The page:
Viv was wild and they were wild together. Partying with her, he barely made it through his classes, but he did. And well enough to enter college as a junior once he was discharged. The day he was discharged he moved into Viv's Mission Bay apartment. She came from money and parents that no longer cared enough about her to wonder how she spent it. He thought she was perfect for him -- the perfect blend of chaos and stability. He liked her unpredictability. It was comforting to him. He wouldn't do drugs with her but he loved the moods they put her in, and he liked scaring off the men who followed her home, having misunderstood her wild ways as an invitation to something Josh felt belonged to him.
He took her to Placerville to meet his Grandma, who was looking old now. Viv laughed at Placerville and his Grandma's deteriorating Victorian home. "Oh good lord, Marine man, no wonder you left."
Josh's Grandma didn't say much during their visit and Josh knew she didn't like Viv. He understood. But he felt he had to tell her. "Grandma, I'm going to ask Viv to marry me."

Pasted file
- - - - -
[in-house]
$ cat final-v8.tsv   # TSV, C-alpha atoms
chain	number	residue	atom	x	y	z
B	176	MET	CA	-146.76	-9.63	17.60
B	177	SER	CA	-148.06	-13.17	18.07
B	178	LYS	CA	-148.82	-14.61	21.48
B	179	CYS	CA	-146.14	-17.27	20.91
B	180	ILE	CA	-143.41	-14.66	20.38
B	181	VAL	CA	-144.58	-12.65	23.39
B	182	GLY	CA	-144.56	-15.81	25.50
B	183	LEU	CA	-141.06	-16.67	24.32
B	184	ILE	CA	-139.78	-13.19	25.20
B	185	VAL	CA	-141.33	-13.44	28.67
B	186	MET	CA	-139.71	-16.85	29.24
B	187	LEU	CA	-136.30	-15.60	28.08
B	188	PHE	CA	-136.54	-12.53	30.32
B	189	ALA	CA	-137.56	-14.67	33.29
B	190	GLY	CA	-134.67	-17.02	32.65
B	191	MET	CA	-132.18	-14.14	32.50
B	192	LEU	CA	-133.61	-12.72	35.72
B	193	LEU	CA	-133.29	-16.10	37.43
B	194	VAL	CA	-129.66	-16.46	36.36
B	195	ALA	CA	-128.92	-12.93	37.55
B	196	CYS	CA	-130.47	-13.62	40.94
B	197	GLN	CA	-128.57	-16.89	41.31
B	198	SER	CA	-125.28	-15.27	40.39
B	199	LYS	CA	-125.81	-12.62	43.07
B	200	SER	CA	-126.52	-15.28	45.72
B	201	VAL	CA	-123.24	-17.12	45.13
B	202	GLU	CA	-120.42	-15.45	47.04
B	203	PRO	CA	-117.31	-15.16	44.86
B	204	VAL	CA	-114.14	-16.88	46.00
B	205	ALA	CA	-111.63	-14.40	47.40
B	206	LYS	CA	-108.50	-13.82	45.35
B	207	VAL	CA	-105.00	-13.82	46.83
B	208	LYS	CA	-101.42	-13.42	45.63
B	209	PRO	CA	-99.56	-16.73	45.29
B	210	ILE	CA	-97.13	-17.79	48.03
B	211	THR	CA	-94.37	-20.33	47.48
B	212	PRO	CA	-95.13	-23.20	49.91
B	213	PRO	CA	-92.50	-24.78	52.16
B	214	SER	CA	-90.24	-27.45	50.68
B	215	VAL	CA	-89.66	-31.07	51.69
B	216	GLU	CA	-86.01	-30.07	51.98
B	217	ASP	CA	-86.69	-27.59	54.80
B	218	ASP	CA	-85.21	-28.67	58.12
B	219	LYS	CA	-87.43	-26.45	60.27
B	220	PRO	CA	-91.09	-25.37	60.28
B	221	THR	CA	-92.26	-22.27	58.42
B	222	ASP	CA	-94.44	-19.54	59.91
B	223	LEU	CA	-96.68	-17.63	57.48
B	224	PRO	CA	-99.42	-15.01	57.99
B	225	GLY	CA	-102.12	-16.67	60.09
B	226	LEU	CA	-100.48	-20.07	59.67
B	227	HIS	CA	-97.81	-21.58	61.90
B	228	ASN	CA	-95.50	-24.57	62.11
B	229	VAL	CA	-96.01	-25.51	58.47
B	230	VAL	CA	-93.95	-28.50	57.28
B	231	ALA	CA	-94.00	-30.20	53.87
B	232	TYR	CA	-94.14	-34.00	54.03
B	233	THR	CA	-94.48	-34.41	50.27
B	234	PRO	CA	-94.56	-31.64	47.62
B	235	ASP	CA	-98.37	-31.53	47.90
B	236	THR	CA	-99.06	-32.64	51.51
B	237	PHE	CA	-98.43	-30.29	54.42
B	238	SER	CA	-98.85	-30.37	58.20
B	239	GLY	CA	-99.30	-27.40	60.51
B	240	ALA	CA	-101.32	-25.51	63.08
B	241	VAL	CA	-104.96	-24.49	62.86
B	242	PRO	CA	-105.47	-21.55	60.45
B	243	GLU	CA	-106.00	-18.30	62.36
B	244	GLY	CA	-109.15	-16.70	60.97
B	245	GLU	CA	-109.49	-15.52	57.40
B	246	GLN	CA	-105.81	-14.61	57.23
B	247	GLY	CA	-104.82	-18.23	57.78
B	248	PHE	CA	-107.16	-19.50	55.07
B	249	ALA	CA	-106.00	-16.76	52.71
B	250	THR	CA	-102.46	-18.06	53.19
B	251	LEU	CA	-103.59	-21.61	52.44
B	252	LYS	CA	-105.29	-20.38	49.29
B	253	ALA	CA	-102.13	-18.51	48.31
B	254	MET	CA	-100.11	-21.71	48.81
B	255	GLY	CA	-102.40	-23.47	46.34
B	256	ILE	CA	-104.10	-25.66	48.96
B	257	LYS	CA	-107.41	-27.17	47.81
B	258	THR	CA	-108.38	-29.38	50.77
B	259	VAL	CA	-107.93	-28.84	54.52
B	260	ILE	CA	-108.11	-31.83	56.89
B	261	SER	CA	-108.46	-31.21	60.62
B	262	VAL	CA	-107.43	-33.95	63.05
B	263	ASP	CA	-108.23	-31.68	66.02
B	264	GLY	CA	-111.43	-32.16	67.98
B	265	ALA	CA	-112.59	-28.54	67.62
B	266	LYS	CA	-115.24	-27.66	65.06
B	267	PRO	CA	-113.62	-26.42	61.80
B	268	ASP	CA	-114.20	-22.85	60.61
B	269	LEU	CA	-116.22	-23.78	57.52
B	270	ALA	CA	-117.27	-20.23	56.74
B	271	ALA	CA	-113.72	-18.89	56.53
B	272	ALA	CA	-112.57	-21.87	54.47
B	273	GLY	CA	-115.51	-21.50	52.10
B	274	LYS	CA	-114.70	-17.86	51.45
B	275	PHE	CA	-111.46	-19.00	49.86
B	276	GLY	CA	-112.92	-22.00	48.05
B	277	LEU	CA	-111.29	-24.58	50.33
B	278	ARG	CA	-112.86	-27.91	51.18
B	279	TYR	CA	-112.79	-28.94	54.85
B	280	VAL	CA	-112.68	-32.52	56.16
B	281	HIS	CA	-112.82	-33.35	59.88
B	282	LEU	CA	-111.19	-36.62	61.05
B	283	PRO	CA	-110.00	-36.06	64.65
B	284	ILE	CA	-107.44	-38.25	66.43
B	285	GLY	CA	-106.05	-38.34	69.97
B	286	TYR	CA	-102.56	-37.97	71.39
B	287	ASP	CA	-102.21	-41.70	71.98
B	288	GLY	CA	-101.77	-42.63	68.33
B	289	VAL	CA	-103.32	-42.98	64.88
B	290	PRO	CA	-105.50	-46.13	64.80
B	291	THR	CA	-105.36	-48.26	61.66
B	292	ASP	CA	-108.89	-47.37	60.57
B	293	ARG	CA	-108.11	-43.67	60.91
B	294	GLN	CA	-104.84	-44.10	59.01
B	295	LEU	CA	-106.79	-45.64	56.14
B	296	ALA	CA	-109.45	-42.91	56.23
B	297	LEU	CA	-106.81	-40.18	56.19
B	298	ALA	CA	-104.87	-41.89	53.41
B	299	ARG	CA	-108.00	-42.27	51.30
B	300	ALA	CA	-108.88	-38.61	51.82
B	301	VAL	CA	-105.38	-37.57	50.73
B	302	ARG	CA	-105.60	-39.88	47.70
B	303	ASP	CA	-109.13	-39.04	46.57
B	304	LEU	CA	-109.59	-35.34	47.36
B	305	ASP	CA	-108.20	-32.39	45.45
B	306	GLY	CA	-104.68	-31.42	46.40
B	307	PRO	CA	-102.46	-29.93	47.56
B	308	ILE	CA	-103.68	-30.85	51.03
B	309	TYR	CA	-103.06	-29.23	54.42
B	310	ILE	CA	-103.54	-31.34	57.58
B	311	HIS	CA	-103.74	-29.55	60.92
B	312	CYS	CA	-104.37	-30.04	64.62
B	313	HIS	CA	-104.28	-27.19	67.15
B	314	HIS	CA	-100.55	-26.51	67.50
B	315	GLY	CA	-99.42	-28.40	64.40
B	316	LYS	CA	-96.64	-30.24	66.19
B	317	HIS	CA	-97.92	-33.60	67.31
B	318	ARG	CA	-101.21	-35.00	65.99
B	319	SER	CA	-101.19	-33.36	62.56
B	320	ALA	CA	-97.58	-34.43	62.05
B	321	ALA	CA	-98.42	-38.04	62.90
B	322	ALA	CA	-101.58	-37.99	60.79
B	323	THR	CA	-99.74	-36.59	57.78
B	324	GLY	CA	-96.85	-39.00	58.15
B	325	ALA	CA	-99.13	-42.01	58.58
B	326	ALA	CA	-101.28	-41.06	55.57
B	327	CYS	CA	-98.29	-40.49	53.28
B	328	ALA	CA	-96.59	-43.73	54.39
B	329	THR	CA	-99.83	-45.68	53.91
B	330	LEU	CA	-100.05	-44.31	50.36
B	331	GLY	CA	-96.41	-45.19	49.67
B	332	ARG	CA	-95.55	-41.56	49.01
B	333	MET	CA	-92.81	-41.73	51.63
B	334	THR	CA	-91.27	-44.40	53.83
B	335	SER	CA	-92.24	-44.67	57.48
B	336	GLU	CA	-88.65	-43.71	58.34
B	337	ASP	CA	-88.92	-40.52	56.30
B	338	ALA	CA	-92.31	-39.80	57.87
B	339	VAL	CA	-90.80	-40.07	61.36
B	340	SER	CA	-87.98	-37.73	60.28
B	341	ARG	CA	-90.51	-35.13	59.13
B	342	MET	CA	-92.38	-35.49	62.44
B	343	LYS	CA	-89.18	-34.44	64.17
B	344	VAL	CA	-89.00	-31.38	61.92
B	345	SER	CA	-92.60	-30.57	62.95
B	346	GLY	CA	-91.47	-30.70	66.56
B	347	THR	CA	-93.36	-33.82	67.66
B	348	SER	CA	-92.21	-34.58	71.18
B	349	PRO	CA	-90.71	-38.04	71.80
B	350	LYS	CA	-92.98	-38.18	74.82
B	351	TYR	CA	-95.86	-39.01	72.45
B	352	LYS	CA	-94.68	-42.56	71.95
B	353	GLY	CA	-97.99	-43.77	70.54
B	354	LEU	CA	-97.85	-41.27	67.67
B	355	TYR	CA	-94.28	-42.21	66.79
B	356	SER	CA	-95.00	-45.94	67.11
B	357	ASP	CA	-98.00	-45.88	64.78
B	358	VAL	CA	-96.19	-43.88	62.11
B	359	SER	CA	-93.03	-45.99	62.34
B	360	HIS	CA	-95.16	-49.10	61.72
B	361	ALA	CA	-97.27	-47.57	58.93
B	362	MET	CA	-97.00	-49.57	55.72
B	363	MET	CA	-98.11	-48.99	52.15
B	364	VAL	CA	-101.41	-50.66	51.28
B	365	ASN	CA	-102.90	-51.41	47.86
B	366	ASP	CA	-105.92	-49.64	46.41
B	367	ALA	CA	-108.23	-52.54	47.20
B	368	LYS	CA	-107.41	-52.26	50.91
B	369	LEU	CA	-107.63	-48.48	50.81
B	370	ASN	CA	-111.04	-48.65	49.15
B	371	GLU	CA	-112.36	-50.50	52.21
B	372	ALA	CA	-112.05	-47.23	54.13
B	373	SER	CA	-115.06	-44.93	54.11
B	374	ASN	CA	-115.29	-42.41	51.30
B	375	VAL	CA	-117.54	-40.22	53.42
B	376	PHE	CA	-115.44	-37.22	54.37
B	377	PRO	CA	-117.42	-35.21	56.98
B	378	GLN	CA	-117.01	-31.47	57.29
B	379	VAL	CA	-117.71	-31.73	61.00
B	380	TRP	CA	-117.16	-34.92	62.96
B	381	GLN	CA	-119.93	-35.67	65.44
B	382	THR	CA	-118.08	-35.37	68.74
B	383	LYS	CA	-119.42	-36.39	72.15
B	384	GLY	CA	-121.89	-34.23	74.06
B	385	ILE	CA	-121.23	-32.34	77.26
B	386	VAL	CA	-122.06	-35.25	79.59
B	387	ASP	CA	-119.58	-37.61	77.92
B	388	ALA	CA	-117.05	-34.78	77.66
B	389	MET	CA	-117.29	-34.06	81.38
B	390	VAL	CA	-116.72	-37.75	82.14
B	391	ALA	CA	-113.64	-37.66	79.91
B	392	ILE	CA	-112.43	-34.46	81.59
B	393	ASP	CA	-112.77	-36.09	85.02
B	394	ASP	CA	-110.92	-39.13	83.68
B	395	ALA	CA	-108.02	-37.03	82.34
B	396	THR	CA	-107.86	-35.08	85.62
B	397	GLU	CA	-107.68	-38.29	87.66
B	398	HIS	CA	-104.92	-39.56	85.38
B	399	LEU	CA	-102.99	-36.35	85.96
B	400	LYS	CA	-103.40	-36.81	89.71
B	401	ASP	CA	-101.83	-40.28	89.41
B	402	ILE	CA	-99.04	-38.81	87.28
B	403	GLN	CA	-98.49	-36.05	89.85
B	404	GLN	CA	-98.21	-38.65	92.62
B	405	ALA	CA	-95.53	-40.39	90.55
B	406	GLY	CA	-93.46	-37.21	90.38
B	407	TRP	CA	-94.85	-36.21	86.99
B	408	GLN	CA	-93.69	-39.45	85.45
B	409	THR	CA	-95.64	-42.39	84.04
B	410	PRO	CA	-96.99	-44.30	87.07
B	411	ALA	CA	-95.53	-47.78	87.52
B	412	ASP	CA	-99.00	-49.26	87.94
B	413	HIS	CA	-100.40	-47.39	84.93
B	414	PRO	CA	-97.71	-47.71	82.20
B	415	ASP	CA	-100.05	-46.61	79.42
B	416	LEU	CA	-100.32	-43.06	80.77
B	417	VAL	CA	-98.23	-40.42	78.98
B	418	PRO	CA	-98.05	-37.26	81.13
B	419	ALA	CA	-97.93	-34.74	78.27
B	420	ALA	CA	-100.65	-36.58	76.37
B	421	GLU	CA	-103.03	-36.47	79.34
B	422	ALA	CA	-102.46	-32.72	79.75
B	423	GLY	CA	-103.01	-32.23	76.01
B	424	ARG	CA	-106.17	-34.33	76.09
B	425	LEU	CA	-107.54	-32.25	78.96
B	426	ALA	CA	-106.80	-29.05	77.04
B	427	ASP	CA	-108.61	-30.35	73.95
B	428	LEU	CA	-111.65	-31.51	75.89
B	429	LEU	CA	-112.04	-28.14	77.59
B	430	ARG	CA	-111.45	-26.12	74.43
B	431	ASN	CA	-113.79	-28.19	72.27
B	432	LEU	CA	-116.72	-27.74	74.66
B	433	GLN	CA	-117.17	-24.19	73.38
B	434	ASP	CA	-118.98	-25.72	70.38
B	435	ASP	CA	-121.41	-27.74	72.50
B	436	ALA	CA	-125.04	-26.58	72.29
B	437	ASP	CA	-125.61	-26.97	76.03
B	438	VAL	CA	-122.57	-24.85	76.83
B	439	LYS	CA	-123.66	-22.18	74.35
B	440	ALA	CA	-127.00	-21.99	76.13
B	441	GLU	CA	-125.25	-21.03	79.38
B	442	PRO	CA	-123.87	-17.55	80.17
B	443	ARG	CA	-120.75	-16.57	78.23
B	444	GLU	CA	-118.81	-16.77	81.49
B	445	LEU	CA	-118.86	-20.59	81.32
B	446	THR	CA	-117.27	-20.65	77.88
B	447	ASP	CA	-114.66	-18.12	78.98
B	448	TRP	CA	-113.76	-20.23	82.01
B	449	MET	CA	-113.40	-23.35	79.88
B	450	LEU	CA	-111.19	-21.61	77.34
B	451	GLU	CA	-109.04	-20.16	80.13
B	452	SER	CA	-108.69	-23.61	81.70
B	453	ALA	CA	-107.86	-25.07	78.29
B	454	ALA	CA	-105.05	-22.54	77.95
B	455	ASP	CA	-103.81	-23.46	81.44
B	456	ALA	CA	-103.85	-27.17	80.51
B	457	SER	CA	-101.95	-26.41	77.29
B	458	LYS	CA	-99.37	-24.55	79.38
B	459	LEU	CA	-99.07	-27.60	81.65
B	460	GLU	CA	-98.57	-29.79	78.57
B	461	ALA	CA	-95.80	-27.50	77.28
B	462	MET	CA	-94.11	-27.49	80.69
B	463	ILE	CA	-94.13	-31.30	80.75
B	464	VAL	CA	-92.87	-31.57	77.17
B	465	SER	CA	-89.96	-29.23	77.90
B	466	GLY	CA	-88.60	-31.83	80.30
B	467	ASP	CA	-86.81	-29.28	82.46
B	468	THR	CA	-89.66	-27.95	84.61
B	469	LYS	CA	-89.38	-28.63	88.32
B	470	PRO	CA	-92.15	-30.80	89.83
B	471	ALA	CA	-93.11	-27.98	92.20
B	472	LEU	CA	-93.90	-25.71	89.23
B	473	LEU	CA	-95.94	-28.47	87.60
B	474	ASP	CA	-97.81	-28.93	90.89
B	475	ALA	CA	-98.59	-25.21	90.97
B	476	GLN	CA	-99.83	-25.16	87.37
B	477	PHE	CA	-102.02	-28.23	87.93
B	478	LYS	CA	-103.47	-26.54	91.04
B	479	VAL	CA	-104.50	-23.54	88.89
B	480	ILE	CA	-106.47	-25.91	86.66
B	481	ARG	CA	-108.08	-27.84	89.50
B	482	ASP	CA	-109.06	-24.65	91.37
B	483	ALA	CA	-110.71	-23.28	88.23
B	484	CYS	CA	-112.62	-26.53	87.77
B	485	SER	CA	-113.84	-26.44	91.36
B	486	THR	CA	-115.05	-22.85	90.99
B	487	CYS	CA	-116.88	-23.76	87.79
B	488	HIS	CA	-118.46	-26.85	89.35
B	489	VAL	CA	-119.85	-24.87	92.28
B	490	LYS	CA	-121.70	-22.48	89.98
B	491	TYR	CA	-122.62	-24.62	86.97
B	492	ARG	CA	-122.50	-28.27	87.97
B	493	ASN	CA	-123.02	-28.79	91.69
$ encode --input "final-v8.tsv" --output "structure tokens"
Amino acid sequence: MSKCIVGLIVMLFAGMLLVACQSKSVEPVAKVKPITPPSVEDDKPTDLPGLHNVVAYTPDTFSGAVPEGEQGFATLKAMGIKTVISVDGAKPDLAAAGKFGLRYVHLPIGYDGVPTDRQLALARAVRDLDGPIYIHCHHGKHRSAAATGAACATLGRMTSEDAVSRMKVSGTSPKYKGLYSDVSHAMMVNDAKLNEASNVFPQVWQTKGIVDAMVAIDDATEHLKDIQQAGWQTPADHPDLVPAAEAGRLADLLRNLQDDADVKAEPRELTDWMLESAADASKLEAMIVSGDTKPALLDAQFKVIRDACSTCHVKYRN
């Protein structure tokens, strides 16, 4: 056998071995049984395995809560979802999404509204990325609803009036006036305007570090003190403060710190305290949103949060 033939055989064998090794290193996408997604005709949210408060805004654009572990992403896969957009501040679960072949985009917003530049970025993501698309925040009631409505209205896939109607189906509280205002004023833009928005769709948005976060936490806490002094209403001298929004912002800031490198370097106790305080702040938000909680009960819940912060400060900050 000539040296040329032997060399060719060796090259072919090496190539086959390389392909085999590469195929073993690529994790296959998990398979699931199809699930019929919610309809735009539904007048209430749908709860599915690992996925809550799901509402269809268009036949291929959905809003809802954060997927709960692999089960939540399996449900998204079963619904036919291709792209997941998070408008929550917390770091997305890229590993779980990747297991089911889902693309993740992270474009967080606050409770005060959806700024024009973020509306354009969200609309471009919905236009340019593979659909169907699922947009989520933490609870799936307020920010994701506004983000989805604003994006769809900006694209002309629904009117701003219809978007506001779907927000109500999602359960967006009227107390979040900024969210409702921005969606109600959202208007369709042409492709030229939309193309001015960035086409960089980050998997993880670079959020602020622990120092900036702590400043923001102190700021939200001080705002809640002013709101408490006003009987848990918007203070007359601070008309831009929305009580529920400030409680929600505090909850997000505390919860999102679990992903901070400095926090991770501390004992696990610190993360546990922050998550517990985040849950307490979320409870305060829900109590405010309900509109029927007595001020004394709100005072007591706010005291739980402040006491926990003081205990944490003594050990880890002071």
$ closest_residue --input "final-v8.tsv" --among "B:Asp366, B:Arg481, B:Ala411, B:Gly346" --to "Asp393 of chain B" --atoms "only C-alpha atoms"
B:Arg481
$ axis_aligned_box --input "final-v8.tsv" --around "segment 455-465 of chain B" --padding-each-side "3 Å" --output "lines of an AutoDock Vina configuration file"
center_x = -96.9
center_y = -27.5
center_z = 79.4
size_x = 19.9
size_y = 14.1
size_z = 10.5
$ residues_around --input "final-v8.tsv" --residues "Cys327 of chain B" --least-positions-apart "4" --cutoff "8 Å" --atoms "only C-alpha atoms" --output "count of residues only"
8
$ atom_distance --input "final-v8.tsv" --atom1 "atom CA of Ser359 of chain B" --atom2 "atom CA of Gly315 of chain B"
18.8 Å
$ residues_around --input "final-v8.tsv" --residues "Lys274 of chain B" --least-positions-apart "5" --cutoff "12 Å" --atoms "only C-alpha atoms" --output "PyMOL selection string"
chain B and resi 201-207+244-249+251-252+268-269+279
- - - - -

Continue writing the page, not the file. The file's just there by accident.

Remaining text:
"She loves me and I love her. She's smart and she's fun."
His Grandma was silent for a moment, and then she said, "You have to make your own mistakes, honey."
"That's right, Grandma," he said, more resigned than angry.
It took another year before Josh could convince Viv to marry him. It sounded too boring to her and she wasn't interested in children, which might have made some sense out of the tragicomedy of marriage, she said. But eventually he threatened to leave her and she agreed.
Shortly after they had finally set a date, Josh got a letter from Thea.
"I got your address from your Grandma. I'm not sure she thought she should give it to me. I hope you won't mind. It might make no sense, but somehow, telling you feels like the last thing I have to do to be ready for this.

"I don't know if you even remember, but the last time we talked I mentioned I was living with someone -- Brian. Brian and I are getting married this summer. He's a good man and I'm lucky.